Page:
I do not admit to driving dangerously nor grieving other drivers. In fact, I consider myself a very good driver. Yet as I was commuting home this afternoon I realized the depth of my depravity as evidenced through my driving, and how our attitudes on the road are very much a litmus test of our personality and character.
Recently I’ve been convicted about driving much closer to the speed limit. For this reason I make a conscious effort not to always catch up to the car in front of me. It takes some discipline, but I remind myself not to be in a hurry and to budget sufficient time to get from place to place. This afternoon I watched as a car began to draw near from behind me, signaled to the right, and began to accelerate in an clear attempt to pass. Nobody likes being passed, right? “Well,” I thought, “I had better not aggravate him and speed solely in response.”
As it turns out, the gap naturally closed and the driver was forced to pull in behind me where he had started. Secretly, I was satisfied inside. He hadn’t been able to pass and I didn’t change my actions at all. Well, that is the problem. I should have accommodated him joyfully.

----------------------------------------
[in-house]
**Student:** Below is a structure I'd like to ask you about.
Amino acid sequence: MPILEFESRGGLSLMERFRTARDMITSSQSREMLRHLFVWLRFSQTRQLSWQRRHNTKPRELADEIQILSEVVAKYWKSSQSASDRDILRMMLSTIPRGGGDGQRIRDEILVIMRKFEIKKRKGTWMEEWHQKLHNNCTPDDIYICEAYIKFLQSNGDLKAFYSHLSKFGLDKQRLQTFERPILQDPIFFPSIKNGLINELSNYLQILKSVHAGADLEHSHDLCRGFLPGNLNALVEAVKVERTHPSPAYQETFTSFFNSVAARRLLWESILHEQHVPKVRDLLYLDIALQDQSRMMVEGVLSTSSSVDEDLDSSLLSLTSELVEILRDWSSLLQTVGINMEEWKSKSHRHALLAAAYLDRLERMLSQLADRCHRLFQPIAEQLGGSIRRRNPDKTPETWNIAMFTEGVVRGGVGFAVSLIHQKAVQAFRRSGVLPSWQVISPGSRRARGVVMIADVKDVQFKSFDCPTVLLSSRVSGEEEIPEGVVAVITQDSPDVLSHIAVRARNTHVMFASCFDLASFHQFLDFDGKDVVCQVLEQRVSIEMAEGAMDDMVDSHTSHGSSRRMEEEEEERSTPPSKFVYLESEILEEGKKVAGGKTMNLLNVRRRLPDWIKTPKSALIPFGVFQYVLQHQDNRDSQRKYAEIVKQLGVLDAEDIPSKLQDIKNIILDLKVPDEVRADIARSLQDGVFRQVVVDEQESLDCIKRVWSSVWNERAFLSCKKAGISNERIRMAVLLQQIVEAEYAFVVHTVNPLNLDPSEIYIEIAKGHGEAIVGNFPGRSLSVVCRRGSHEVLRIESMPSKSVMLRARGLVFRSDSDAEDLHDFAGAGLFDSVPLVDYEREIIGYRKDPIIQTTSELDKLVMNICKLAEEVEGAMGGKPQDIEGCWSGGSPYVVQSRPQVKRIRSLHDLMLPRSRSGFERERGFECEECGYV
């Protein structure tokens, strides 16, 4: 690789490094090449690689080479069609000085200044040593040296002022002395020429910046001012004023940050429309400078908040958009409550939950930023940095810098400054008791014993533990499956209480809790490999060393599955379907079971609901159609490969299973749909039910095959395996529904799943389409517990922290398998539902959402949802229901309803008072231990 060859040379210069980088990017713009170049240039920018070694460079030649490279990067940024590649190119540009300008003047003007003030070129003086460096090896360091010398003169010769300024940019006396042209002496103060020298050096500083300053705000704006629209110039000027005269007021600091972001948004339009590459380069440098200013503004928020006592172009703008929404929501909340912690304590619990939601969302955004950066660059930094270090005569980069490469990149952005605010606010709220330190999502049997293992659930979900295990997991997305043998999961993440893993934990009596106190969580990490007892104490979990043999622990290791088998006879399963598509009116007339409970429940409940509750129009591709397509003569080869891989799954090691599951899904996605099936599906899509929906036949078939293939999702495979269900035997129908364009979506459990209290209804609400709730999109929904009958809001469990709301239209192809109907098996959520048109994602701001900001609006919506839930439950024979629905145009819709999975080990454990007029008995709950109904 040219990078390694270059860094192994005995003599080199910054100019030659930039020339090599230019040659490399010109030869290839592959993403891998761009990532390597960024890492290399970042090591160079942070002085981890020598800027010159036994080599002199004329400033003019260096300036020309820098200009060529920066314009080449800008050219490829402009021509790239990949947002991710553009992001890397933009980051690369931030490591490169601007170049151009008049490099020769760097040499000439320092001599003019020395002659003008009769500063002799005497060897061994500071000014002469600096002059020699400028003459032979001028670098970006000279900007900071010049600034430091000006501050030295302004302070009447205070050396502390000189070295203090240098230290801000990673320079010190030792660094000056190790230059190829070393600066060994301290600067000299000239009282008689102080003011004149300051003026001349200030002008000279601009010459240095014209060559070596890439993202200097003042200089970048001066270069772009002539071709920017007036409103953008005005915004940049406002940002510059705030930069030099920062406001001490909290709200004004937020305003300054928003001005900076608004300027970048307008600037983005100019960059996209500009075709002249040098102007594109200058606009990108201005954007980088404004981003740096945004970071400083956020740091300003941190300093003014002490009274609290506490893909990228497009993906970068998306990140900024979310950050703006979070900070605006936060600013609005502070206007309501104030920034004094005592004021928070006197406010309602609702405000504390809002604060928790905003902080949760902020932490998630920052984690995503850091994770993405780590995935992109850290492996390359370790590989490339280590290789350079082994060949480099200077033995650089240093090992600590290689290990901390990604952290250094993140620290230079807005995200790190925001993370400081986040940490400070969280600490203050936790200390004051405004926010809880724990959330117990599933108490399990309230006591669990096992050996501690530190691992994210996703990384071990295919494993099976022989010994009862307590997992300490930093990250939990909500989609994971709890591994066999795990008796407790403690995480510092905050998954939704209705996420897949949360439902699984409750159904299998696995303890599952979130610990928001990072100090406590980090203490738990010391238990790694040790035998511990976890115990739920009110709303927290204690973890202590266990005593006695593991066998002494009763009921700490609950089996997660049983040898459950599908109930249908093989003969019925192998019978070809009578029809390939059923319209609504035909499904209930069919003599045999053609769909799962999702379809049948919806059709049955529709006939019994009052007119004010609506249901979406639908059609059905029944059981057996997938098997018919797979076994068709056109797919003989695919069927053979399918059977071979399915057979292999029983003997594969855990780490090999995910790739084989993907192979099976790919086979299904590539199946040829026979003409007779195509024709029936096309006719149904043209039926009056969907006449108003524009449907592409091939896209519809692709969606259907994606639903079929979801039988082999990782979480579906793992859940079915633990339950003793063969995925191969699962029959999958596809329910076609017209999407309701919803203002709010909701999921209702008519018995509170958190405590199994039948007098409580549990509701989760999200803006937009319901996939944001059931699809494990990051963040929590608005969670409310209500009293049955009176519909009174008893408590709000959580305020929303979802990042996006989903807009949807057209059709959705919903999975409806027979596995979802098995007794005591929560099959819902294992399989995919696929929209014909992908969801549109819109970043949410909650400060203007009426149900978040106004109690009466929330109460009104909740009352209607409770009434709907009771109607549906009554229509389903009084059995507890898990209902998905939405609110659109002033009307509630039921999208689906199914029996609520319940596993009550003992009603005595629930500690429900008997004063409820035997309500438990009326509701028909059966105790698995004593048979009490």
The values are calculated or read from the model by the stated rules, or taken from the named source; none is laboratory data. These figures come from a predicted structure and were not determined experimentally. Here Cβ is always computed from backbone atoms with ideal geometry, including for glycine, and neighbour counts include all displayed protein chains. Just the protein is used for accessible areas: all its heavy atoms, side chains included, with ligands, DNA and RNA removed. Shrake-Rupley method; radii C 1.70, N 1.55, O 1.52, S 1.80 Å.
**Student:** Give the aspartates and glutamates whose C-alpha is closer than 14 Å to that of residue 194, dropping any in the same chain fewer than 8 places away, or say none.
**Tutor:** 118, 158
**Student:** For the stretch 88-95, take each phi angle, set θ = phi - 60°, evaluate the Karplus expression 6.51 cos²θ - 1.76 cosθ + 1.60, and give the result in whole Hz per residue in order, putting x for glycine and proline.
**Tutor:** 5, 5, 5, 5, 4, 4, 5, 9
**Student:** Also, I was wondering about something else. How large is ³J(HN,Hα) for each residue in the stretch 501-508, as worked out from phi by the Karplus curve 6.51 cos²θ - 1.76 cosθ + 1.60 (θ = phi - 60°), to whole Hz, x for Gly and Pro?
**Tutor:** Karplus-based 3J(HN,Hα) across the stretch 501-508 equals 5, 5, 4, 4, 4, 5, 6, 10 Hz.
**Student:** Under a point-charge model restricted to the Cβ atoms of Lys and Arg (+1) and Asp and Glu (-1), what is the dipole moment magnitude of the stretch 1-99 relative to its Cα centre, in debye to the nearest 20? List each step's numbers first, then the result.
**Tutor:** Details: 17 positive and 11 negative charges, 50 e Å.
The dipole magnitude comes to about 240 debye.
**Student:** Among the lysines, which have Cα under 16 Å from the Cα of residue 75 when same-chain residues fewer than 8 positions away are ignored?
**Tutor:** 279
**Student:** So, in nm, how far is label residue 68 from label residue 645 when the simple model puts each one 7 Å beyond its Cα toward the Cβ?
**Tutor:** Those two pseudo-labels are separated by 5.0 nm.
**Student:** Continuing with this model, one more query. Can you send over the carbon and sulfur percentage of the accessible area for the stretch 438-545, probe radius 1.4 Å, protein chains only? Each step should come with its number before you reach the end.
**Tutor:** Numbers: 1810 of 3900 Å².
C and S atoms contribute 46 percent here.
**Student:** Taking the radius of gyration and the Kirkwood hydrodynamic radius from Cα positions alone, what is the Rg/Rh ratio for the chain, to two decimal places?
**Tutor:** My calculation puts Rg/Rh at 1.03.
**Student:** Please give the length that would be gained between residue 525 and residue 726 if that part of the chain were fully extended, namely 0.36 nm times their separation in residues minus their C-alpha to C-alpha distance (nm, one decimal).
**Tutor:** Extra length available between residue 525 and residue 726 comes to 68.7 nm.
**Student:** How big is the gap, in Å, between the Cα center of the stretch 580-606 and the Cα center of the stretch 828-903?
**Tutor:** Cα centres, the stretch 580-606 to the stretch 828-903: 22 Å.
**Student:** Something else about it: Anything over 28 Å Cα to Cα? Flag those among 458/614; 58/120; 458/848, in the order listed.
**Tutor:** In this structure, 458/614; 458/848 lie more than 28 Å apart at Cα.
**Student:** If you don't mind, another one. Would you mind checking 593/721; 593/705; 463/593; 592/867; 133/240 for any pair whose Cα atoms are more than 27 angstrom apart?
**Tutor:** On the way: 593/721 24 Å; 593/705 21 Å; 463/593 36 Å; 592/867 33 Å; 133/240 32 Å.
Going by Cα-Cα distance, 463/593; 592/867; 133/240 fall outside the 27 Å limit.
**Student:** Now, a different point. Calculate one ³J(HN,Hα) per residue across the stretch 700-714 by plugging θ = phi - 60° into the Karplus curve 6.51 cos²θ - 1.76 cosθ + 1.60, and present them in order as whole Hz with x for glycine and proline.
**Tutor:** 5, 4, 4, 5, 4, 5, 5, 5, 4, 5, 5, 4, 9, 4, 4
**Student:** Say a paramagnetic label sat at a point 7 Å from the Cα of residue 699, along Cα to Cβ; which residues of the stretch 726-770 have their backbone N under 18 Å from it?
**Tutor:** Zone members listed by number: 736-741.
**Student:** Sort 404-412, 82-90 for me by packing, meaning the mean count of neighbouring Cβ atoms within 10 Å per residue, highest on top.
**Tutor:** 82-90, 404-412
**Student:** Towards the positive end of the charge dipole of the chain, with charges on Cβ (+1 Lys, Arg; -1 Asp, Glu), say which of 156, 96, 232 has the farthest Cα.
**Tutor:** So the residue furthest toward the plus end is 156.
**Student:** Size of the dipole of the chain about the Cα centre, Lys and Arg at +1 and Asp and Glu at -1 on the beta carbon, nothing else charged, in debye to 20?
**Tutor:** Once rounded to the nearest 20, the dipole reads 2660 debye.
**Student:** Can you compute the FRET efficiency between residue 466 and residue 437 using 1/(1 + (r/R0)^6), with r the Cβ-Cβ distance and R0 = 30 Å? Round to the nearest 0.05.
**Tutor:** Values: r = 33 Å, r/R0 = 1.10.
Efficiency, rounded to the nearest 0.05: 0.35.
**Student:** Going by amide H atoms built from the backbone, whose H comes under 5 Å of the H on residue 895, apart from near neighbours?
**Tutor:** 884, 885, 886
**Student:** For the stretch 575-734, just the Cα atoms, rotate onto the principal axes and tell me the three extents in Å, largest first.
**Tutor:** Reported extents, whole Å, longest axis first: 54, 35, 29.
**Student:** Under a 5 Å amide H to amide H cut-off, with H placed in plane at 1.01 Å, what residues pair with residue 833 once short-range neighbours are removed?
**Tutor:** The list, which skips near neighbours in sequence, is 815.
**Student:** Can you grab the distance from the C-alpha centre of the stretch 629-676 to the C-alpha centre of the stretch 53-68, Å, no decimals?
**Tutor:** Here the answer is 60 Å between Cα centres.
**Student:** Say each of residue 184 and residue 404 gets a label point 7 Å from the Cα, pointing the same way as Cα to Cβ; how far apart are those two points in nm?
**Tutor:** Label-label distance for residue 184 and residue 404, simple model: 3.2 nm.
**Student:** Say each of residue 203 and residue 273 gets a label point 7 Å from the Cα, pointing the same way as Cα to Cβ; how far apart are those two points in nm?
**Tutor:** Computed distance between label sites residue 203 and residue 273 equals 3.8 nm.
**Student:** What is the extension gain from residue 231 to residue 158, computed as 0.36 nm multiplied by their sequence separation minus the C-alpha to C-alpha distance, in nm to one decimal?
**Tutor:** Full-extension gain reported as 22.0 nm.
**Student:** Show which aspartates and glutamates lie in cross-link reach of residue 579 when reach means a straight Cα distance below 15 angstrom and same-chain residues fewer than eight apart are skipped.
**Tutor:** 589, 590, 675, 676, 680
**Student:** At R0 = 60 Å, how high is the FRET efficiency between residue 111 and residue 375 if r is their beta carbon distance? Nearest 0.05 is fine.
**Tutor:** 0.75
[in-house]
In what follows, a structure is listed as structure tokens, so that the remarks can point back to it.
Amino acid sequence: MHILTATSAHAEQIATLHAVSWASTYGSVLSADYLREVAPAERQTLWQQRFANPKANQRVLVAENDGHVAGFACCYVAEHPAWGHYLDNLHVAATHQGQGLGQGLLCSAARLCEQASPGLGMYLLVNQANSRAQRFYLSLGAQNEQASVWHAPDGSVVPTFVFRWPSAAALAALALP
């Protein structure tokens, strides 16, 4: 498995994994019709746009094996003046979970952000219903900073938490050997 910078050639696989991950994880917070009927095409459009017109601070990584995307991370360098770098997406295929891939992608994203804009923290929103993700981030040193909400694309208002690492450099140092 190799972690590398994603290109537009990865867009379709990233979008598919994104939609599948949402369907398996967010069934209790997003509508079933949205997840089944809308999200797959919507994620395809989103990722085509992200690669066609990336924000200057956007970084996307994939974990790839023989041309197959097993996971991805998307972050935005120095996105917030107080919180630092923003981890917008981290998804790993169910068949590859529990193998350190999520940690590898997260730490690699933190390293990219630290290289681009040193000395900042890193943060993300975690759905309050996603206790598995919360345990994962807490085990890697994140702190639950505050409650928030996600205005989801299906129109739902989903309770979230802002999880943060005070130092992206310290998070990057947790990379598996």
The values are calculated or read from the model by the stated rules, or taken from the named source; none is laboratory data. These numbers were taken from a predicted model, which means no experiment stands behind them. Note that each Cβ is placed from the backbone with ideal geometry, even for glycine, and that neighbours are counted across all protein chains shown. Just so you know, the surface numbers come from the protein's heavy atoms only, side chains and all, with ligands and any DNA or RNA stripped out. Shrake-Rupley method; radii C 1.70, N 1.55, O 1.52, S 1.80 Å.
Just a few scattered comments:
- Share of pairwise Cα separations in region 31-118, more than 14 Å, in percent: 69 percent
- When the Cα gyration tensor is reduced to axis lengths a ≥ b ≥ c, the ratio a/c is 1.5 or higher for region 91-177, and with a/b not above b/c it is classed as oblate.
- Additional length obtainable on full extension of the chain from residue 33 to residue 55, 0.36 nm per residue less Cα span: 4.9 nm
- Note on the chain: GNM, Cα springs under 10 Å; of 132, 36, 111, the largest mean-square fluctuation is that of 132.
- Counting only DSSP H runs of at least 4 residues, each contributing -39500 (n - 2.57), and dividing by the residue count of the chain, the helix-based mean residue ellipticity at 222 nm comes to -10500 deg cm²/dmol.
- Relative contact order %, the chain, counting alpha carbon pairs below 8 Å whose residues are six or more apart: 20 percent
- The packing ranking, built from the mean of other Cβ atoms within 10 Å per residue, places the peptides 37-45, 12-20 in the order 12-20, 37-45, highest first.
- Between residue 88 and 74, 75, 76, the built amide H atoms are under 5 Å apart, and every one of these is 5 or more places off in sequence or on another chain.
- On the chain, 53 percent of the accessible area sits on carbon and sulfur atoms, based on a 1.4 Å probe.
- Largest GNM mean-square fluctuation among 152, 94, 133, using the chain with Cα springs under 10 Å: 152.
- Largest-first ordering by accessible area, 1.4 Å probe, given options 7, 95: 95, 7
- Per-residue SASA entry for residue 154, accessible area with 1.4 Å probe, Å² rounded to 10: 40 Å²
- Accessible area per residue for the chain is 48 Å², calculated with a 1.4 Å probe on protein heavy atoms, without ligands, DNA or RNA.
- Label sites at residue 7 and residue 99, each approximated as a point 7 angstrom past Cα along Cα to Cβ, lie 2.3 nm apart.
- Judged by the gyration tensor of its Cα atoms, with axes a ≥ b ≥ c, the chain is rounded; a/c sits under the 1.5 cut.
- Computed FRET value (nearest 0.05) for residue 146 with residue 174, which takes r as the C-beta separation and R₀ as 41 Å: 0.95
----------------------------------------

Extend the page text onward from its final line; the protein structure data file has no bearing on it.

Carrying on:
For Christians who have experienced the new birth, who are free out of the bondage of sin and are not servants of Christ, who give up all that this world offers in return for a heavenly reward – we who are of faith, who have received the pardon of grace for no reason other than God’s own pleasure, should have no reason not to lavish such grace upon others. We should be hoping well of others. We have become charged with represent Christ to a lost world with no conception of love. This is not a passive faith that means simply removing visible sin from our lives, but an active faith of submitting ourselves for the advancement of others that Christ might be magnified. Even while driving. Even when nobody knows.
Our heart reveals the difference between vibrant and dead faith. How is your driving?